“It's very thoughtful and generous of a little girl to think of the plight of the honey bees and to raise funds for research,” Kimsey said. “We are overwhelmed.”
Said Cooperative Extension Apiculturist Eric Mussen, a member of the UC Davis Department of Entomology since 1976 and now retired: “I really appreciate the fact that so many members of the general public have become concerned about the plight of honey bees. I am particularly impressed by individuals such as Sheridan who have devoted so much time and effort in really trying to improve the health and longevity of the honey bees.”
Then in October 2009 at the opening of the department's Häagen-Dazs Honey Bee Haven, a half-acre bee friendly garden that supports the Laidlaw bees and serves as an educational resource, the officials honored Sheridan and her family. Sheridan's name is engraved on donor plaque in the garden.
Fast forward to today. Sheridan is now a high school senior and yes, she's still raising funds for Cobey's bee research. She has raised more than $5000. See WSU article.
In the WSU article, Sheridan's father, Craig, a Bay Area lawyer, is quoted as saying: “Sue has been generous with her time and her gratitude toward Sheridan, She has instilled confidence in Sheridan and an incredible sense of pride. I guess an organization could simply send a thank-you note for a donation. Sue, on the other hand, sent friendship, knowledge, encouragement–and even bees!”
Sheridan Miller's enthusiasm for bees now extends to her becoming a beekeeper. Beekeeper Brian Fishback of Wilton, a former volunteer at the Laidlaw facility and a past president of the Sacramento Area Beekeepers' Association, has worked with Sheridan for the past four years. He set up her hives and is teaching her how to care for and manage bees.
And, Cobey and Fishback continue to answer Sheridan's questions. Meanwhile, Fishback also shares his bee expertise with students in area classrooms.
Cobey and her fellow WSU researchers are working to build a better bee. Their research includes importing germplasm (honey bee semen) from Europe and crossing it with domestic breeding stocks to create healthier stock.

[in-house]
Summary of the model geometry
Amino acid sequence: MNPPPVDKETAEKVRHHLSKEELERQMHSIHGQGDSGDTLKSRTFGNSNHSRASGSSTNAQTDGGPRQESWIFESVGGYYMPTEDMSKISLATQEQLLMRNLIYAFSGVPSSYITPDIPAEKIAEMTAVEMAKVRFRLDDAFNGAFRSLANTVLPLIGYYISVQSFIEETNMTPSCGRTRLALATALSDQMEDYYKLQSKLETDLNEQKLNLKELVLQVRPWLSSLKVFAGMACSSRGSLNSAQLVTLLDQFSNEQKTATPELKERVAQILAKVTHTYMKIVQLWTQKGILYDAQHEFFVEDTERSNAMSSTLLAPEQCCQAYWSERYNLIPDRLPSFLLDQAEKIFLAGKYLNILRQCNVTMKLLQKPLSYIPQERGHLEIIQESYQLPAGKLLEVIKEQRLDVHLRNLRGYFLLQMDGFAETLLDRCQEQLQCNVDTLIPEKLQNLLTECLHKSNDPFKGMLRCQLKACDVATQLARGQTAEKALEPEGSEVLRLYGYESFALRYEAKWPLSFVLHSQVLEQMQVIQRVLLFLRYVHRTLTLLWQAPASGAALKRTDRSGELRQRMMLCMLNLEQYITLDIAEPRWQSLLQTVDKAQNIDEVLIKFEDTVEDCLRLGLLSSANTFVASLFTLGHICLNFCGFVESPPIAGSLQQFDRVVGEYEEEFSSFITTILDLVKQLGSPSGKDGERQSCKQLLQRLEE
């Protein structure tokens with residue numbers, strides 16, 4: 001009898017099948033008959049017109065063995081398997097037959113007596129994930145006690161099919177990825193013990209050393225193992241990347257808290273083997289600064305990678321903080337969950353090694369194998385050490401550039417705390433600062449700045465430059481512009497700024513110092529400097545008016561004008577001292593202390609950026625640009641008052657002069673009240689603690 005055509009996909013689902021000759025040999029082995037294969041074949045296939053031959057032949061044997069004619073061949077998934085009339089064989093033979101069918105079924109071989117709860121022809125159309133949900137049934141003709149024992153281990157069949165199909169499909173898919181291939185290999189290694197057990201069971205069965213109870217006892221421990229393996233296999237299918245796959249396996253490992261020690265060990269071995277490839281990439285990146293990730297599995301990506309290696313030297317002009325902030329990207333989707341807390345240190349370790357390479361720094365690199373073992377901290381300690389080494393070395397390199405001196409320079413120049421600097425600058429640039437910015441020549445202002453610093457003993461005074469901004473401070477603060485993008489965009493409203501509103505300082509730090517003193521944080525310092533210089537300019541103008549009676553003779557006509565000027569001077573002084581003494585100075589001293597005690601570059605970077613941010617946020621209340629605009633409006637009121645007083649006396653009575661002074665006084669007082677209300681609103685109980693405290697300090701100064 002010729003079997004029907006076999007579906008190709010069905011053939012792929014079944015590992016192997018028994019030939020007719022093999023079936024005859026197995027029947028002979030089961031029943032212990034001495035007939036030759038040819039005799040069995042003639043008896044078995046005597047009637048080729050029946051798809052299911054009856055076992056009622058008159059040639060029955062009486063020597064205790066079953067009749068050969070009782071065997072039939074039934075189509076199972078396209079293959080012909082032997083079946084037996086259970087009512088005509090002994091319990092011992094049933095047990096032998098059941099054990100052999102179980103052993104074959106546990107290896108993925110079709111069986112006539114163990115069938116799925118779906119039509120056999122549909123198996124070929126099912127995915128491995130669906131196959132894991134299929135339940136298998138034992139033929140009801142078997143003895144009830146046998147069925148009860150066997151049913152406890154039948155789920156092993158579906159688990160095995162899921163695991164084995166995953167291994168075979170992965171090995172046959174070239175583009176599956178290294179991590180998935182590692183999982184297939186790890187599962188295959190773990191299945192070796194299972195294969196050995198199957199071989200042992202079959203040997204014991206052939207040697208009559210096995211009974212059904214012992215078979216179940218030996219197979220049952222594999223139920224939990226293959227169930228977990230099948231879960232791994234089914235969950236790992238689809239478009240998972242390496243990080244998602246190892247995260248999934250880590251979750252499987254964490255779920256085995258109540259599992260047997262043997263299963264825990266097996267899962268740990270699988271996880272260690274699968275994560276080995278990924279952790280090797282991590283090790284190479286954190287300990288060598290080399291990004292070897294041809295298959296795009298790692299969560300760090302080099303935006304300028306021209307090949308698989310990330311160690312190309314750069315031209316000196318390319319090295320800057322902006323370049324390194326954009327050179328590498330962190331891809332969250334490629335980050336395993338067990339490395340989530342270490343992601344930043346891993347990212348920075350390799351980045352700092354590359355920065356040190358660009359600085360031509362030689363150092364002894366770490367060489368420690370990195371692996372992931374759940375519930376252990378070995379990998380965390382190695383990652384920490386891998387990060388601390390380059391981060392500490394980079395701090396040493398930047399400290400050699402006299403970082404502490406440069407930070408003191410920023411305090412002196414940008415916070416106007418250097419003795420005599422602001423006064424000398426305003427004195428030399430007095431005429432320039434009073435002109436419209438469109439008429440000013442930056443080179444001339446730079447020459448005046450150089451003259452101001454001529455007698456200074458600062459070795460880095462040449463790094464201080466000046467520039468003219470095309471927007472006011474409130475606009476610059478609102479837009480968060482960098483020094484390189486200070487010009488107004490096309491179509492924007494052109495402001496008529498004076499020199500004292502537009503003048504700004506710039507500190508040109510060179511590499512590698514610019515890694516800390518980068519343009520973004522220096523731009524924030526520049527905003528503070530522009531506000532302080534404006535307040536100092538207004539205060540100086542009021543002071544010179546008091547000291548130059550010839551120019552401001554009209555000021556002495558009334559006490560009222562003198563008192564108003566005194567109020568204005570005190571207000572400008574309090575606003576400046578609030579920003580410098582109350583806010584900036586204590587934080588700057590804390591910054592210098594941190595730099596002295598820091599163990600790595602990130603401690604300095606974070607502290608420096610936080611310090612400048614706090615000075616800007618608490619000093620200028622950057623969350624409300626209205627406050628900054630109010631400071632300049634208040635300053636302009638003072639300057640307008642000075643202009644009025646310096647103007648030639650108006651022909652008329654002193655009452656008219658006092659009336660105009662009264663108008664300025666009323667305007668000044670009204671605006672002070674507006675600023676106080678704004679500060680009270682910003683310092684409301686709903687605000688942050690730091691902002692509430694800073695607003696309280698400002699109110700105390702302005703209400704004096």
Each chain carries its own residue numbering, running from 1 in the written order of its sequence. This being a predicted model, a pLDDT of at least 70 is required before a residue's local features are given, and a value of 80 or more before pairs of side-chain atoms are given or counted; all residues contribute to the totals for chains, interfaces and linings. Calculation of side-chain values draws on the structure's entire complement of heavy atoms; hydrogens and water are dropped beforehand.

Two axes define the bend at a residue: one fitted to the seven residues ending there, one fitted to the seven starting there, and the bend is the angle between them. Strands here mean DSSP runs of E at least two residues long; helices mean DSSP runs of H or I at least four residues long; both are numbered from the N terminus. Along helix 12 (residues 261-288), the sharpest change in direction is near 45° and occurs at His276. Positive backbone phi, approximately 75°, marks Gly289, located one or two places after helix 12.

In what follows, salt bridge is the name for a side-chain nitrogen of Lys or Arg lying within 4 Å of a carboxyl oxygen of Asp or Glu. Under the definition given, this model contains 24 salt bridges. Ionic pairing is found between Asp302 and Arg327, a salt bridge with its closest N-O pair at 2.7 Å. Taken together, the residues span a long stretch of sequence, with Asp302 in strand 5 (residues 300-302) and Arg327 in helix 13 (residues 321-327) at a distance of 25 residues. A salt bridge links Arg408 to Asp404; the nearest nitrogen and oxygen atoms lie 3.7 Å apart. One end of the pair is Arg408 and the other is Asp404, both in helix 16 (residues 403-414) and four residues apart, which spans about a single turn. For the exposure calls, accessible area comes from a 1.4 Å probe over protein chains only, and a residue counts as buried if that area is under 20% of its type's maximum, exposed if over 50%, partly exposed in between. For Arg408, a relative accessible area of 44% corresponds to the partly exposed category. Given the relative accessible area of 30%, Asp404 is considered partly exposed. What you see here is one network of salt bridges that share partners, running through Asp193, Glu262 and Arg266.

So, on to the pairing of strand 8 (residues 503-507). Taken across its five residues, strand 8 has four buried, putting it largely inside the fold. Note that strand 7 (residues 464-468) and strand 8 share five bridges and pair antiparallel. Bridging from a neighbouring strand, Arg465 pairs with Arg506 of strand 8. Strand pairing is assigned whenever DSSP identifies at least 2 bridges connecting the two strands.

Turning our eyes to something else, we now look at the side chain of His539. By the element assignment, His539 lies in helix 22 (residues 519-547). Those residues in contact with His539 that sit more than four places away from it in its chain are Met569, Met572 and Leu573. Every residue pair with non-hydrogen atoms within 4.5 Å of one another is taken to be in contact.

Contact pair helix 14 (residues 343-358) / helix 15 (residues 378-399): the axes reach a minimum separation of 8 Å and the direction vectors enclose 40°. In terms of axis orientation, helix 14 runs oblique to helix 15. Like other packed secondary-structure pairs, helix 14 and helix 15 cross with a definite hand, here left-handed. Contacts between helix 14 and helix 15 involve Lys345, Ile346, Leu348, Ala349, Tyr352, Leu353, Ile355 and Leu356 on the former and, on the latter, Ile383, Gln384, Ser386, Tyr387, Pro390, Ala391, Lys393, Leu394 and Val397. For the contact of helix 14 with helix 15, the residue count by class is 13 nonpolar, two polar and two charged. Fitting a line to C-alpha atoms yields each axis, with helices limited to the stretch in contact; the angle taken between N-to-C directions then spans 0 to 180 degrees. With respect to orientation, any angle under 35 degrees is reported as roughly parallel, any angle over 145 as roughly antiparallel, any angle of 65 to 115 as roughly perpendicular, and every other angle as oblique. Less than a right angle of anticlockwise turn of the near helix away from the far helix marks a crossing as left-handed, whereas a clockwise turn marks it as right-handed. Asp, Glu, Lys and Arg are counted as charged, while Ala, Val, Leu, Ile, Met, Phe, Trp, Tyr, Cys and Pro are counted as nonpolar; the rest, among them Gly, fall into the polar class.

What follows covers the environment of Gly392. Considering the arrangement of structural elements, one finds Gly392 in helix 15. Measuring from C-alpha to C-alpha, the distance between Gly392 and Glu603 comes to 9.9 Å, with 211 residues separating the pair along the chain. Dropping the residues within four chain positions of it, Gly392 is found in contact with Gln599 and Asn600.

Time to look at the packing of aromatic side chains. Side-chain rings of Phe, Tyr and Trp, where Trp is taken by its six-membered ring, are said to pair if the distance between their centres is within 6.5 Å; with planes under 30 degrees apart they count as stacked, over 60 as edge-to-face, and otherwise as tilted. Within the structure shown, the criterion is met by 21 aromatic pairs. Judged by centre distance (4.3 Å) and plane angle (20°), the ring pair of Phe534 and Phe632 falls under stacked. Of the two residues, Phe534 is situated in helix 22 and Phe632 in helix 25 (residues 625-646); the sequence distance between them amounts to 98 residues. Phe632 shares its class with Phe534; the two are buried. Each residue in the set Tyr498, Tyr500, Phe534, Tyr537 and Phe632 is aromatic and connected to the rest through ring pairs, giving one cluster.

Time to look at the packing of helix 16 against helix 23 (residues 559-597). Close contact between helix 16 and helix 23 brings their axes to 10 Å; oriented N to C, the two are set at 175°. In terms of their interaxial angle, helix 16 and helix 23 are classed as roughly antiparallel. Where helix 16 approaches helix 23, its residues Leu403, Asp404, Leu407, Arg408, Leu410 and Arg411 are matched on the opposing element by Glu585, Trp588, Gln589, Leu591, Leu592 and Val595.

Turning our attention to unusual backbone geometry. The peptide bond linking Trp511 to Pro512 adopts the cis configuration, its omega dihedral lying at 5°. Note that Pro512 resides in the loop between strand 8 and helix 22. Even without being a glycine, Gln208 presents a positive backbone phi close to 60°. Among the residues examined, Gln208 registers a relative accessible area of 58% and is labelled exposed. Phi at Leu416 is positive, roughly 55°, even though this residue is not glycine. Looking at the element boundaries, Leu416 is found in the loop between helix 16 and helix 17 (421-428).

Sheridan hasn't decided on what college to attend or her major, but Cobey and Fishback hope that maybe it has something to do with bees.
"Sheridan is amazing," said Cobey, who traveled to Mill Valley a couple of years ago to participate in one of Sheridan's bee research fundraisers and "to talk bees."
If you're interested in helping Sherican help the bees, access the Go Fund Me account.
Sheridan is the human equivalent of a worker bee.
Monarch butterflies aren't the only insects that like milkweed.
Honey bees, lady beetles and aphids, do, too.
We found all three insects, plus a monarch butterfly, on our scarlet milkweed (Asclepias curassavica) today (Labor Day). Most of the insects were oleander aphids, which attract lady beetles. aka ladybugs.
Asclepias curassavica, also known as tropical milkweed, and Mexican butterfly weed, is native to South America but is frequently planted throughout the United States to attract monarchs. In the United States, you'll find it not only in California and Florida, but in Hawaii, Louisiana, Tennessee and Texas, among others states. The colorful plant is known by some as "redhead," due to its brilliant red (and yellow) flowers.
Unfortunately, some of the "yellow" is a pest that needs to be eradicated. See the UC Statewide Integrated Pest Management Program (UC IPM) guideline on aphids.
Whether you call them "praying" mantis or "preying" mantis, one thing is for sure: they are difficult to find.
Tucked away in vegetation and as quiet as "the proverbial mouse" (except praying mantids are more quiet than the "proverbial" mice), they are an eye exercise in "Find me!"
As autumn approaches, our little bee garden is nearing the end of its life. The Mexican sunflower (Tithonia) and lavender are fading rapidly. However, honey bees and other pollinators continue to forage, and the mantids are still hungry. The female mantids, mothers to be, need more high-quality food. Ootheca!
We're all accustomed to seeing praying mantids grab their struggling prey with their spiked forelegs and munch away. Usually that movement alerts us to their whereabouts.
But have you ever just searched for mantids in their habitat? See if you can find them in these photos.
Find the praying mantis!